Pointillism is a style of art in which the image is created from many tiny dots of color. The technique was developed in the late 1880's as a branch of impressionism. It relies on the ability of the eye and mind to blend the myriad of tiny dots into a single cohesive image. While developed for painting, this technique is actually the way much of our modern technology works from TV's, computer monitors and even most printing systems. They all depend on the small dots of color (red, green, blue for TV type systems and cyan, magenta, yellow and black for printers) to form a full range of tones that make-up the images we see every day. The smaller the dots the more resolution a particular device has.
For more information about Pointillism check out these links:
Using Pointillism in photography is a little more difficult and comes down to either taking a picture of something that already has a pointillist nature such as a computer monitor, or doing something in post processing to mimic the pointillist painting style.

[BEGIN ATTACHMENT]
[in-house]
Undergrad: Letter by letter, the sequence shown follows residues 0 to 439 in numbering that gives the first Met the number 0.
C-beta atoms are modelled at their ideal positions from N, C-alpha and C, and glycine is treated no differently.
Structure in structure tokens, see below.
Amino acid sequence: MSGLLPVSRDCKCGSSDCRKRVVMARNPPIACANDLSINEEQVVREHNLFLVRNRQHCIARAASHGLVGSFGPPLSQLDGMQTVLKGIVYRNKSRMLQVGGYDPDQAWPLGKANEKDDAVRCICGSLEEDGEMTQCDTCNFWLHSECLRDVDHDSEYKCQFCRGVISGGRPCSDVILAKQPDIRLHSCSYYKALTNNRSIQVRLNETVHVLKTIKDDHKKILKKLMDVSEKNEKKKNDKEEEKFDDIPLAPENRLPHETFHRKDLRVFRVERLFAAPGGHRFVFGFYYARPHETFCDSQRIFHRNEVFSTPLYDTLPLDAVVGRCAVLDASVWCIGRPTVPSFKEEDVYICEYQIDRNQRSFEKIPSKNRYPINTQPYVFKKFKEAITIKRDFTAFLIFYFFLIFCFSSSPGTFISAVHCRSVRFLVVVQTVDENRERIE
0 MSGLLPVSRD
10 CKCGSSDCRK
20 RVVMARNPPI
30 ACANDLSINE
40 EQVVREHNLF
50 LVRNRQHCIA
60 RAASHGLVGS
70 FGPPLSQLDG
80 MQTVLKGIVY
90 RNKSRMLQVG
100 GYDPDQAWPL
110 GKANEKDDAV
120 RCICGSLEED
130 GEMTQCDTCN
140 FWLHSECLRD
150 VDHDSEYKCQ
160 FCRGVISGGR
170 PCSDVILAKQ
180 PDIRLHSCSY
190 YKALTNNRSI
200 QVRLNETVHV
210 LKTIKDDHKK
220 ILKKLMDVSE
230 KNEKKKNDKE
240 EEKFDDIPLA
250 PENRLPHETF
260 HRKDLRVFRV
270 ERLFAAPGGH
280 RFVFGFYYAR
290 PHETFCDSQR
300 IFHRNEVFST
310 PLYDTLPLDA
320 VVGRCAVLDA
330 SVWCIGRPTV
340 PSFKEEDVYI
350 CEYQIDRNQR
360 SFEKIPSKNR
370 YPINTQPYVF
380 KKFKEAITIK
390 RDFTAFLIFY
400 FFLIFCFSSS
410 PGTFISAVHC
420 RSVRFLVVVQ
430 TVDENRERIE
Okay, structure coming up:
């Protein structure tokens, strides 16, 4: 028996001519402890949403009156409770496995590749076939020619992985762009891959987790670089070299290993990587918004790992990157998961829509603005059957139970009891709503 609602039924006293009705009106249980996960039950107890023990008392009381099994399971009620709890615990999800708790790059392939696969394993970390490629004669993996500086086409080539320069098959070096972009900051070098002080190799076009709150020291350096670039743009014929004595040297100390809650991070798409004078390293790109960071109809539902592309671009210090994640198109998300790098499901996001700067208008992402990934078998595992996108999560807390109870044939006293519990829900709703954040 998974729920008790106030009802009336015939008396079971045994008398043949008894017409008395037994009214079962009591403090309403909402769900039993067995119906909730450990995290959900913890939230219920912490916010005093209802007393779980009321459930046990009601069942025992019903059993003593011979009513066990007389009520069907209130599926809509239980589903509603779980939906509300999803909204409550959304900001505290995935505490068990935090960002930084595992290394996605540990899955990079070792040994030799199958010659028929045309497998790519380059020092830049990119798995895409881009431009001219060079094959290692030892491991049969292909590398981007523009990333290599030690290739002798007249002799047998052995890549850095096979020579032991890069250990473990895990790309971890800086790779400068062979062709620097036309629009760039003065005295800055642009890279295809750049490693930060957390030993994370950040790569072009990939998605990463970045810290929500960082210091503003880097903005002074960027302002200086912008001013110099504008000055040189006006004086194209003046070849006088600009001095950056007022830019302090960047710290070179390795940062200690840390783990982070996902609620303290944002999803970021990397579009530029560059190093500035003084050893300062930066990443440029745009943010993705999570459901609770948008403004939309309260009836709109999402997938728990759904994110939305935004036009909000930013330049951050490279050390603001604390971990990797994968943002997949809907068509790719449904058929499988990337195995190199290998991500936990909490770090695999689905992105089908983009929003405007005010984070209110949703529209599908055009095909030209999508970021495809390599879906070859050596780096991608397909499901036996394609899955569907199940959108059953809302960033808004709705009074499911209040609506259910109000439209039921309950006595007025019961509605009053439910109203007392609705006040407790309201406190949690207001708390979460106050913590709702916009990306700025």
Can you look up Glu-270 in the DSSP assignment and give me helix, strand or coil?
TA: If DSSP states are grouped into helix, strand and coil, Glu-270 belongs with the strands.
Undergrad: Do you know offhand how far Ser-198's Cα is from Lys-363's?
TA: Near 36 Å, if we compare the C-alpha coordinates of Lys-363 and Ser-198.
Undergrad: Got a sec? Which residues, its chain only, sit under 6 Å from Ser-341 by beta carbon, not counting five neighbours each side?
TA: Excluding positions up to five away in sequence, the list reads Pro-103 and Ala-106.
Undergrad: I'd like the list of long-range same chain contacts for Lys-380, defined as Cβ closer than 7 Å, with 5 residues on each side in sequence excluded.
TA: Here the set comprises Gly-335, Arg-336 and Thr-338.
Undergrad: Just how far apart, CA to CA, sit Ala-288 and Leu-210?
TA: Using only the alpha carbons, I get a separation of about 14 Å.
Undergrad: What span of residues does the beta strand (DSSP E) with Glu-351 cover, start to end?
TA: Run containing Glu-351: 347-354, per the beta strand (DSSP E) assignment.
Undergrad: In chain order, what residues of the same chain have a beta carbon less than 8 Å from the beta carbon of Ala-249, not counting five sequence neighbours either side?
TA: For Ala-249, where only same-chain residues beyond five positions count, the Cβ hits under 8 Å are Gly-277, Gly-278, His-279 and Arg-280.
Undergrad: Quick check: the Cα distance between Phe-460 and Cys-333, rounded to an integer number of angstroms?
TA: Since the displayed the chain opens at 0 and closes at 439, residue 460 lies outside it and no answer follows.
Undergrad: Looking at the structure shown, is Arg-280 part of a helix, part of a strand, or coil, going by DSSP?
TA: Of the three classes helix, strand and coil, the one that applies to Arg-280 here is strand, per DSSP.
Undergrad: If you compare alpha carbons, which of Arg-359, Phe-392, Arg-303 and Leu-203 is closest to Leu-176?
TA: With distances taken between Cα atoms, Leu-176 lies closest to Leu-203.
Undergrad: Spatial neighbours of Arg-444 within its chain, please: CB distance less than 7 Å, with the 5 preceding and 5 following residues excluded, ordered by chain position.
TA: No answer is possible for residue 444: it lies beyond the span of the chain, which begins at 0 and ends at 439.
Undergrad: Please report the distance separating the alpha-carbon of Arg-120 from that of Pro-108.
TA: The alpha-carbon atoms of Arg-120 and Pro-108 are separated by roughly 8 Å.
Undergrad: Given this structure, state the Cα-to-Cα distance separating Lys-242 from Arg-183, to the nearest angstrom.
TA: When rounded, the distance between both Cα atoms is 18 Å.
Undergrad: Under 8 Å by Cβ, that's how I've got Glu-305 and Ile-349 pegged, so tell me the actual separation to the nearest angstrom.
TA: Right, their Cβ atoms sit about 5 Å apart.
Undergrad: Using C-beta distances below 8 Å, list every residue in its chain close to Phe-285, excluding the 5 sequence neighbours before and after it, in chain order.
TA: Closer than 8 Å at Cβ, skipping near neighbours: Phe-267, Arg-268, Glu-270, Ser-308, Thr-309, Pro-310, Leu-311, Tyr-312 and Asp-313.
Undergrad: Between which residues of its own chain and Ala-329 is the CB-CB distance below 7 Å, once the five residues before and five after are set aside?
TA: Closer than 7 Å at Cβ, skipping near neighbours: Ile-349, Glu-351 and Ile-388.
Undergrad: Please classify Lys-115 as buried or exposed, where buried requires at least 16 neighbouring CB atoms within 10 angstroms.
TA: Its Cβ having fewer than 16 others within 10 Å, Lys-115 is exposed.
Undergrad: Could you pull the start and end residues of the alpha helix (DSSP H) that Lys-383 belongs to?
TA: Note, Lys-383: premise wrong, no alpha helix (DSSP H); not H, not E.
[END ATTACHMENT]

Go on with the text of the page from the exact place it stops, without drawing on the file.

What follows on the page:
I decided to go the former route and create a macro image of a computer monitor screen while doing some testing of a lens with the Sony A7r (and a Canon 50 mm 3.5 macro lens). This image really shows the limitations of the JPEG compression and the sRGB colorspace. When reduced in size you can being to see lines or moire patterns that are not in the original image. These are a product of the computer downsizing the image on the fly based on your computer monitor and a slight smearing introduced by the JPEG compression. The image should be more colorful. The original image is about 5000 pixels square.
Here is what the a 1:1 crop the edge of the eye portion of the image so that you can see how the dots are structured.